• Did you know what to do?  (I didn't what to look dumb.)


These are real life examples of little fears that can cause big problems.  You have to see and own your little fears so you can make small adjustments that will alter your choices and results.

Courage is not the lack of fear; courage is living with your fears on a daily basis.  Don't pretend you're not worried- spend your precious time acknowledging your humanity and find people who will help you leverage your strengths and can compensate for your fears.  This is how leaders grow.  Leaders confidently understand their strengths and fears. They see, be, do and cause extraordinary results given that they own who they are in any situation.  


Owing your fears creates opportunities personal growth and new results.  A sign of growth is when you can think in terms of the "and" rather than the "or".  For example, a leader who is uncomfortable with conflict might think - I could talk to John and create a debate "or " I could see what happens so I won't cause a problem with John.”  If this leader could live with the conflict, a different conversation would be, “I am going to talk to John even though there will be a debate so we can sort out the issue.”  This is a different leadership conversation caused by the leaders ability to live with the potential for conflict.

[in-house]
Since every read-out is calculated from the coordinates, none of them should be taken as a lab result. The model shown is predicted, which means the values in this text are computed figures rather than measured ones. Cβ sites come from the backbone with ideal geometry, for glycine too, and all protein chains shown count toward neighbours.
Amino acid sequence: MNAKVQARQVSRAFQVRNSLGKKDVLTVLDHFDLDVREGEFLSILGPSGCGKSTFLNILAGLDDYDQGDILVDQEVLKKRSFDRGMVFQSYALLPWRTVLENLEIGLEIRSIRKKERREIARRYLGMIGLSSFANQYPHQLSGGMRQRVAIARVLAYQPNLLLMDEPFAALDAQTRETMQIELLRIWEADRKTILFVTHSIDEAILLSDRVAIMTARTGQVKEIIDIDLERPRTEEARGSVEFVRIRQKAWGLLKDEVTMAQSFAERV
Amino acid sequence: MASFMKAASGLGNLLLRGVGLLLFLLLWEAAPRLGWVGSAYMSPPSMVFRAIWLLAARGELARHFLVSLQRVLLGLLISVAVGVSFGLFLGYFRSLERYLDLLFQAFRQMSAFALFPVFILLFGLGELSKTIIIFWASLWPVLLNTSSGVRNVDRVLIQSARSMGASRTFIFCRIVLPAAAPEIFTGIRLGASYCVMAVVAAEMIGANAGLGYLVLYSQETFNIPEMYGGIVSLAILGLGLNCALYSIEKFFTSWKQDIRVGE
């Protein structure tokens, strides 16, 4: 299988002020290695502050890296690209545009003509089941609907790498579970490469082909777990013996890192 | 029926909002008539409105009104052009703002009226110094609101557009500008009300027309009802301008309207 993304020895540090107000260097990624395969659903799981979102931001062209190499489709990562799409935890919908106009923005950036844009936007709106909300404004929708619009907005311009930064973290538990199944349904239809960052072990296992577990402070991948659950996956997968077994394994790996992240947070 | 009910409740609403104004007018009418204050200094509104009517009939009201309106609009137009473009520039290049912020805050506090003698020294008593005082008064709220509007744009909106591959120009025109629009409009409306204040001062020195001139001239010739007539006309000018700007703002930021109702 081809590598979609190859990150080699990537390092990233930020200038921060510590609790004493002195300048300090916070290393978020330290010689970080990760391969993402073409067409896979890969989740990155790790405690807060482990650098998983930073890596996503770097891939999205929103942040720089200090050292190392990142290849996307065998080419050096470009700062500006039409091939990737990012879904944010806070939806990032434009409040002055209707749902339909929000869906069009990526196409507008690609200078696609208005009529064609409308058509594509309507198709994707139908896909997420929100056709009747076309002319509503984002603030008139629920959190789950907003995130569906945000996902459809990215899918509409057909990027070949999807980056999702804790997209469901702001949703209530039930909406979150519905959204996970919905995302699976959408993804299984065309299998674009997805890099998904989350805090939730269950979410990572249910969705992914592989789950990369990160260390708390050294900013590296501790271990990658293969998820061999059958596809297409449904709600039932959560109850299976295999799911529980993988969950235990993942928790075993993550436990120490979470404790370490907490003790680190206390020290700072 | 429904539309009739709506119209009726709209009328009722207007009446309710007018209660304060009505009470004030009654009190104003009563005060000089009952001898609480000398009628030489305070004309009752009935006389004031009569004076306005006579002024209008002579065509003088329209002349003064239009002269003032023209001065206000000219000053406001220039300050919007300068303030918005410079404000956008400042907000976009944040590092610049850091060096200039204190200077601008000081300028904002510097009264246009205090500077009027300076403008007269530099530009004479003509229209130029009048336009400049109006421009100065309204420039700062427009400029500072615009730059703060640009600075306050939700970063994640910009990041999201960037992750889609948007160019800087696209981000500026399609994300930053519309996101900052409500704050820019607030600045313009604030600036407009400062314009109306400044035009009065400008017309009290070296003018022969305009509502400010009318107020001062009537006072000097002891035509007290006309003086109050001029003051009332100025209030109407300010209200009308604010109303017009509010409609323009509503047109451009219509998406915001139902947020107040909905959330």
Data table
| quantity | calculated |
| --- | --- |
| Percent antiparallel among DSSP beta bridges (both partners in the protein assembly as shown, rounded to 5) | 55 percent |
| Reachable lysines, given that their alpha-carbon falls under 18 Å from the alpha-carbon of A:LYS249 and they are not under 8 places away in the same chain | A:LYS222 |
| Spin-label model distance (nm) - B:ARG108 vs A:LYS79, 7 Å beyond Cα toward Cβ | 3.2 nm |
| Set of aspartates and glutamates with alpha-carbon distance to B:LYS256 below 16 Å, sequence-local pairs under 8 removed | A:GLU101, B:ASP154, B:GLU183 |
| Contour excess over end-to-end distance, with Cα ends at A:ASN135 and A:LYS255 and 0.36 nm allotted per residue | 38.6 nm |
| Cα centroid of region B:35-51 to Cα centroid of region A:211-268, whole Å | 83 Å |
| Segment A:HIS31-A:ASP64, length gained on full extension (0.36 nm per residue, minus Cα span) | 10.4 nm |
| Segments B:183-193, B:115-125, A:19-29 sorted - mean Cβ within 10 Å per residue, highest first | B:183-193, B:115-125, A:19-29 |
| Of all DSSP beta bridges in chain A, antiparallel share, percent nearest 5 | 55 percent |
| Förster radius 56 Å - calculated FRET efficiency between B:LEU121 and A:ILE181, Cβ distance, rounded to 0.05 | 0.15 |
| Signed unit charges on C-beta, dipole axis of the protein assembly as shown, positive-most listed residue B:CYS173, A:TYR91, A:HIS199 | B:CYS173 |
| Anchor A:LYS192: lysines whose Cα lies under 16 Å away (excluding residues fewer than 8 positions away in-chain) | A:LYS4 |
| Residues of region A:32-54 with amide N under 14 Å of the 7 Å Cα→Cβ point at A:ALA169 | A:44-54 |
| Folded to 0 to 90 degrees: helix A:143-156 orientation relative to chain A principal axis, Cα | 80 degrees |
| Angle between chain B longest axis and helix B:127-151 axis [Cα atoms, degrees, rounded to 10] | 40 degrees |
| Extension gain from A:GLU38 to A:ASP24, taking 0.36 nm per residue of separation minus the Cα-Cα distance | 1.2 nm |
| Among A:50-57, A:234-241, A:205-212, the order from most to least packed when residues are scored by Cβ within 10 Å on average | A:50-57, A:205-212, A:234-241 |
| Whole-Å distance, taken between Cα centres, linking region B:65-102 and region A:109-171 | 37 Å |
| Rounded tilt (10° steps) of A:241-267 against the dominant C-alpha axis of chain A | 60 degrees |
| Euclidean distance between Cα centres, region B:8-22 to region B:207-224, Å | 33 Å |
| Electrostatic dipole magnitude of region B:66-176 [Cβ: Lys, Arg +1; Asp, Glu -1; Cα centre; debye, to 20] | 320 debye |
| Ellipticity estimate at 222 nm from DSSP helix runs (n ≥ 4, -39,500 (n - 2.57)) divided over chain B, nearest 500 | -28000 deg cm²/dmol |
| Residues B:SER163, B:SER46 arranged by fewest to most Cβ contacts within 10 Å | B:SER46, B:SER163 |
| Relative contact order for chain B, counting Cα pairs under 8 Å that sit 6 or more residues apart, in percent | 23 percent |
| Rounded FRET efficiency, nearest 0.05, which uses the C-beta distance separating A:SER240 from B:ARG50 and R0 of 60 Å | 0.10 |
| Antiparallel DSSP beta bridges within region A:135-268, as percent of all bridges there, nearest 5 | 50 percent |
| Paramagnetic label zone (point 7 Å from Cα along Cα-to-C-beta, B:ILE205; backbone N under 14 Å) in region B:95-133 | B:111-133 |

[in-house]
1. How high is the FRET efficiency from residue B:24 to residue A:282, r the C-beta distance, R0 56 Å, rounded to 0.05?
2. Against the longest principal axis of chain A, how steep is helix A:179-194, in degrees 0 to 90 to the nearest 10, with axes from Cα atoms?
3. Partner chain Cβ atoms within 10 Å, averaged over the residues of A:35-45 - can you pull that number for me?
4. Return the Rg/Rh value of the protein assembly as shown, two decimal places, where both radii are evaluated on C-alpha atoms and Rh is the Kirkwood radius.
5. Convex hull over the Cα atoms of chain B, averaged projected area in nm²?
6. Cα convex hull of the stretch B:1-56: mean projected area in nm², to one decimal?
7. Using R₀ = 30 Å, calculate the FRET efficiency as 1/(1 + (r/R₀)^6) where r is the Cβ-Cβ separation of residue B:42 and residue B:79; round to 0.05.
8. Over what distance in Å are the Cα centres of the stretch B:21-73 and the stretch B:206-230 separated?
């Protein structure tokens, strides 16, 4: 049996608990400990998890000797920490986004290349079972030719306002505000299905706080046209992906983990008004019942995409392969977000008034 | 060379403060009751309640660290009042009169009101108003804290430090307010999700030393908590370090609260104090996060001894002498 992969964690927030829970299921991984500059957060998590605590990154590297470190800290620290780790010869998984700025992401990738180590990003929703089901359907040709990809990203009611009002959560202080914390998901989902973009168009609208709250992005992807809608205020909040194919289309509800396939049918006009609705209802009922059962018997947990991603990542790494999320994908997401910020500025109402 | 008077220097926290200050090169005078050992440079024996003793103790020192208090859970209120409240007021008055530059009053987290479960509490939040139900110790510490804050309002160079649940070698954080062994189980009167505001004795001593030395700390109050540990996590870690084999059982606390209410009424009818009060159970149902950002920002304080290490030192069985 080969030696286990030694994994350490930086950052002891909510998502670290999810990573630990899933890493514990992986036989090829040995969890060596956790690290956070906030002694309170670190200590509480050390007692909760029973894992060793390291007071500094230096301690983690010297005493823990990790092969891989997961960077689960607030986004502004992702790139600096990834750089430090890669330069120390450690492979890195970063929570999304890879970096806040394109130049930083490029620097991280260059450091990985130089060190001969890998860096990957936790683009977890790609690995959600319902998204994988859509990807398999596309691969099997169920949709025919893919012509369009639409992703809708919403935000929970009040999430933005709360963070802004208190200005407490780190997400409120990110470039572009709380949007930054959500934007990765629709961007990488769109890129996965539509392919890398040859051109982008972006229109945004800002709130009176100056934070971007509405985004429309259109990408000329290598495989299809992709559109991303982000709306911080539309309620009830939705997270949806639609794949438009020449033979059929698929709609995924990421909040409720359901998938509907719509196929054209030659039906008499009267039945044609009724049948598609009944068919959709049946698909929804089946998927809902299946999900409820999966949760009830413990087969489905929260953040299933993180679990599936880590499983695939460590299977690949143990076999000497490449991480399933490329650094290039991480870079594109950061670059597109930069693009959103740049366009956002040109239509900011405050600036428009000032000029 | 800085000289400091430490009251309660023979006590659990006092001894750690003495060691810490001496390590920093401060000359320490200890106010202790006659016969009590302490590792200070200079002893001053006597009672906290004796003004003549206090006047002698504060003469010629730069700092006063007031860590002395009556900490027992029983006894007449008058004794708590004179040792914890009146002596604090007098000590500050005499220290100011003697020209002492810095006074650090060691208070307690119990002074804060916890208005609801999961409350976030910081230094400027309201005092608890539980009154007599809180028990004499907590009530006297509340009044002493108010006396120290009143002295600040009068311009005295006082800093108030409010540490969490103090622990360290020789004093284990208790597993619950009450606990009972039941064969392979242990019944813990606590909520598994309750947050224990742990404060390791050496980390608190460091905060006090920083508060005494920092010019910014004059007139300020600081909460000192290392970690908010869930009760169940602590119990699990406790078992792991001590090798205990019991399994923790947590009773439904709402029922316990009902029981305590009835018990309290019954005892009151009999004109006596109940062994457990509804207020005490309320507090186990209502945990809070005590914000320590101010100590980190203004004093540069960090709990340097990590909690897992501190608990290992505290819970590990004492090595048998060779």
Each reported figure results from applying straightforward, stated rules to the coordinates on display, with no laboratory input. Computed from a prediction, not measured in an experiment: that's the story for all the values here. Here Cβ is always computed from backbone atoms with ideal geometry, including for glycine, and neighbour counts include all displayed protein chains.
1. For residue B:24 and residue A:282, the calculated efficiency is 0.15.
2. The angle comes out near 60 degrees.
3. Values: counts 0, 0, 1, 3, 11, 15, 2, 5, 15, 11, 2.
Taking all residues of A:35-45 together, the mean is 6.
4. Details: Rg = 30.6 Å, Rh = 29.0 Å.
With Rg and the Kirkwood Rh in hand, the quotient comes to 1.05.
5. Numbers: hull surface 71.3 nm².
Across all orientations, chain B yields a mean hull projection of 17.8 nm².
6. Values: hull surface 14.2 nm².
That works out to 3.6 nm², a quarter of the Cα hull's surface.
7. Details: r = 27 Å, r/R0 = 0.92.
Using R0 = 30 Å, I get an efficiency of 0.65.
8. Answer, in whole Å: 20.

To grow out of your current comfort zone, leaders must seek their unspoken fears, own their fears, and find ways to be with these fears on a daily basis. Overtime, the worry of your fears will dissipate and will be replaced with the confidence earned by personal awareness.